A Roman Holiday? African Americans and Italians in the Second World War

O'Connell, Christian ORCID: 0000-0001-5546-8389 (2021) A Roman Holiday? African Americans and Italians in the Second World War. History: the Journal of the Historical Association, 106 (373). pp. 775-803. doi:10.1111/1468-229X.13257

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This article attempts to explain the positive reception of black troops in Europe by focusing on the relatively underexplored case of the Italian campaign in World War II. It suggests that African American GIs actively nurtured positive relationships with Italian civilians in a number of ways that are hidden in official military documentation, but are detectable through testimonies, photographs, newspaper reports, veteran’s surveys, and in Italian sources. By being more generous with their resources, befriending families, making efforts to learn the language, and often defying prevalent military attitudes that portrayed Italians as untrustworthy, African American GIs not only experienced liberal European attitudes, but actively fostered those attitudes by exploiting social opportunities so that they were seen as ‘goodwill ambassadors’ by the black press and by Italians. African American troops, particularly from poorer backgrounds, overcame the language barrier and formed ties with Italians worst affected by the War through empathy and a sense of shared experience. Cultivating these relationships was particularly significant given the context of racial discrimination in the American military, a situation that was compounded the presence of Fascist and Nazi anti-black propaganda that co-existed with Italian racial attitudes that ranged from fascination to fear, especially when it came to relations with Italian women.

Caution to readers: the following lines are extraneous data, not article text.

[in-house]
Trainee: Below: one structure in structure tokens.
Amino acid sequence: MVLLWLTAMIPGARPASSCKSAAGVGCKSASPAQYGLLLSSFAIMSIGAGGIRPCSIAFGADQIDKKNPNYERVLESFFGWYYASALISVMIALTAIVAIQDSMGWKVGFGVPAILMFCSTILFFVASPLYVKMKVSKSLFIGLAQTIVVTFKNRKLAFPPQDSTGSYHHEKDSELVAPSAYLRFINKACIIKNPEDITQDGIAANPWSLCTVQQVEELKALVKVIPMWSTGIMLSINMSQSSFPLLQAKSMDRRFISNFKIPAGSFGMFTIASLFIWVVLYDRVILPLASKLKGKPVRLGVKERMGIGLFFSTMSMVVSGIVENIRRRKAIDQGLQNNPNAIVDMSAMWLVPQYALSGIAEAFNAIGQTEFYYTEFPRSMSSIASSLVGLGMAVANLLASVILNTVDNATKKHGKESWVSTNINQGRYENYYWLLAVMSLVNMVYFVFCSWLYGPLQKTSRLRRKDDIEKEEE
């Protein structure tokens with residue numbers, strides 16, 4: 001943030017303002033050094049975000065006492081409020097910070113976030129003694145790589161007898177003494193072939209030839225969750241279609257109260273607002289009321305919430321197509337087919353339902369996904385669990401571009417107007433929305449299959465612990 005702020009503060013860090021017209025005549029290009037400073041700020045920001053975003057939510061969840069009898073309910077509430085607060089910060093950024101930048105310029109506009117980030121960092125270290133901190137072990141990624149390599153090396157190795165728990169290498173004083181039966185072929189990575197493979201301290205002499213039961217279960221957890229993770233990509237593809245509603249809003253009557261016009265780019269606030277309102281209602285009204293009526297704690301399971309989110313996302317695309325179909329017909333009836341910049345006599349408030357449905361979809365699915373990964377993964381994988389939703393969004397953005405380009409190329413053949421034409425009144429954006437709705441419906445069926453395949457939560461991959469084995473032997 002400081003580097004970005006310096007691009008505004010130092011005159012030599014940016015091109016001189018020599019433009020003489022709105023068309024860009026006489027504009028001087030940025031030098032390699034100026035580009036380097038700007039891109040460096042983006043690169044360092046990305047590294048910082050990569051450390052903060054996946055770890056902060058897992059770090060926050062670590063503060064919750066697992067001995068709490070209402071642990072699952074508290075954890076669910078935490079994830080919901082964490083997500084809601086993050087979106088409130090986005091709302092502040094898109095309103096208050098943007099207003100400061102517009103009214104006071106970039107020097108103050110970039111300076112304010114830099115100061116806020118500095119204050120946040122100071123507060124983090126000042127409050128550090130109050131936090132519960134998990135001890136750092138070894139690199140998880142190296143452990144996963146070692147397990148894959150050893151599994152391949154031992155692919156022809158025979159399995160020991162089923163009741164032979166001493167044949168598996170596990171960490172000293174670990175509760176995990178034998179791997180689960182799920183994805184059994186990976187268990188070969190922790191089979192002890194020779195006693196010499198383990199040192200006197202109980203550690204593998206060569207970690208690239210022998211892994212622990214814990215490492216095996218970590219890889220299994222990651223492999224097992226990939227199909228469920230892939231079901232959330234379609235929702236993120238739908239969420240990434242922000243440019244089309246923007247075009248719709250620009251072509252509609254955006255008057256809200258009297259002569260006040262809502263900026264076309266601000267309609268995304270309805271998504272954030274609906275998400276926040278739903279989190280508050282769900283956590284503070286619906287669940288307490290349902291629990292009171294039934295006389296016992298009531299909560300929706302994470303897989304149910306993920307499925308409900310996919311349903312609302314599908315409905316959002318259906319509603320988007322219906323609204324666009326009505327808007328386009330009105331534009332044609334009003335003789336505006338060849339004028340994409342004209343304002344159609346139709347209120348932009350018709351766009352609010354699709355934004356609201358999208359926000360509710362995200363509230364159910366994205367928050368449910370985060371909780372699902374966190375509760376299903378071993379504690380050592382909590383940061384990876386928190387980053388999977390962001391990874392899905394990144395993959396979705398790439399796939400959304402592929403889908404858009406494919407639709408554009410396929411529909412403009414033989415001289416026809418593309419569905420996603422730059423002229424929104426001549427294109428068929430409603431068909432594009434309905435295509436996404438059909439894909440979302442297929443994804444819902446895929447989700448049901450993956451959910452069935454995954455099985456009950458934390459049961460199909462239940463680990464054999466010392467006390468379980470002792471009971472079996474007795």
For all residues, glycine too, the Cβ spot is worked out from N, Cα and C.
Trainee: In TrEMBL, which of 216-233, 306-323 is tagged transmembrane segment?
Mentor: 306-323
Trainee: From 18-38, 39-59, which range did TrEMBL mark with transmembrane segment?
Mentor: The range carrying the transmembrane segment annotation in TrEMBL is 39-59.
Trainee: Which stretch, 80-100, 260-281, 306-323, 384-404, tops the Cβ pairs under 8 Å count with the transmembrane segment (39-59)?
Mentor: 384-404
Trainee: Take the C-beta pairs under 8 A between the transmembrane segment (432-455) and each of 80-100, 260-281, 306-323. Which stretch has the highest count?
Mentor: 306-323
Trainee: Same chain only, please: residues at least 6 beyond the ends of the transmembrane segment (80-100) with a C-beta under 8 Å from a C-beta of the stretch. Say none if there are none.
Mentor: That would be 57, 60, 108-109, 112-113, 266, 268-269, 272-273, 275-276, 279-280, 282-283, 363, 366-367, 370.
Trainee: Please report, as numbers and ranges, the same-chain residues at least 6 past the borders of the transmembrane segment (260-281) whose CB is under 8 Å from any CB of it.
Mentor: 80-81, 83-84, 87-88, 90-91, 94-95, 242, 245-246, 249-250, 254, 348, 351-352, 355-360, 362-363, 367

Item Type: Article
Article Type: Article
Subjects: D History General and Old World > DG Italy
E History America > E151 United States (General)
Divisions: Schools and Research Institutes > School of Creative Arts
Research Priority Areas: Culture, Continuity, and Transformation
Depositing User: Christian O'Connell
Date Deposited: 22 Nov 2021 11:59
Last Modified: 22 Dec 2023 04:15
URI: https://eprints.glos.ac.uk/id/eprint/10366

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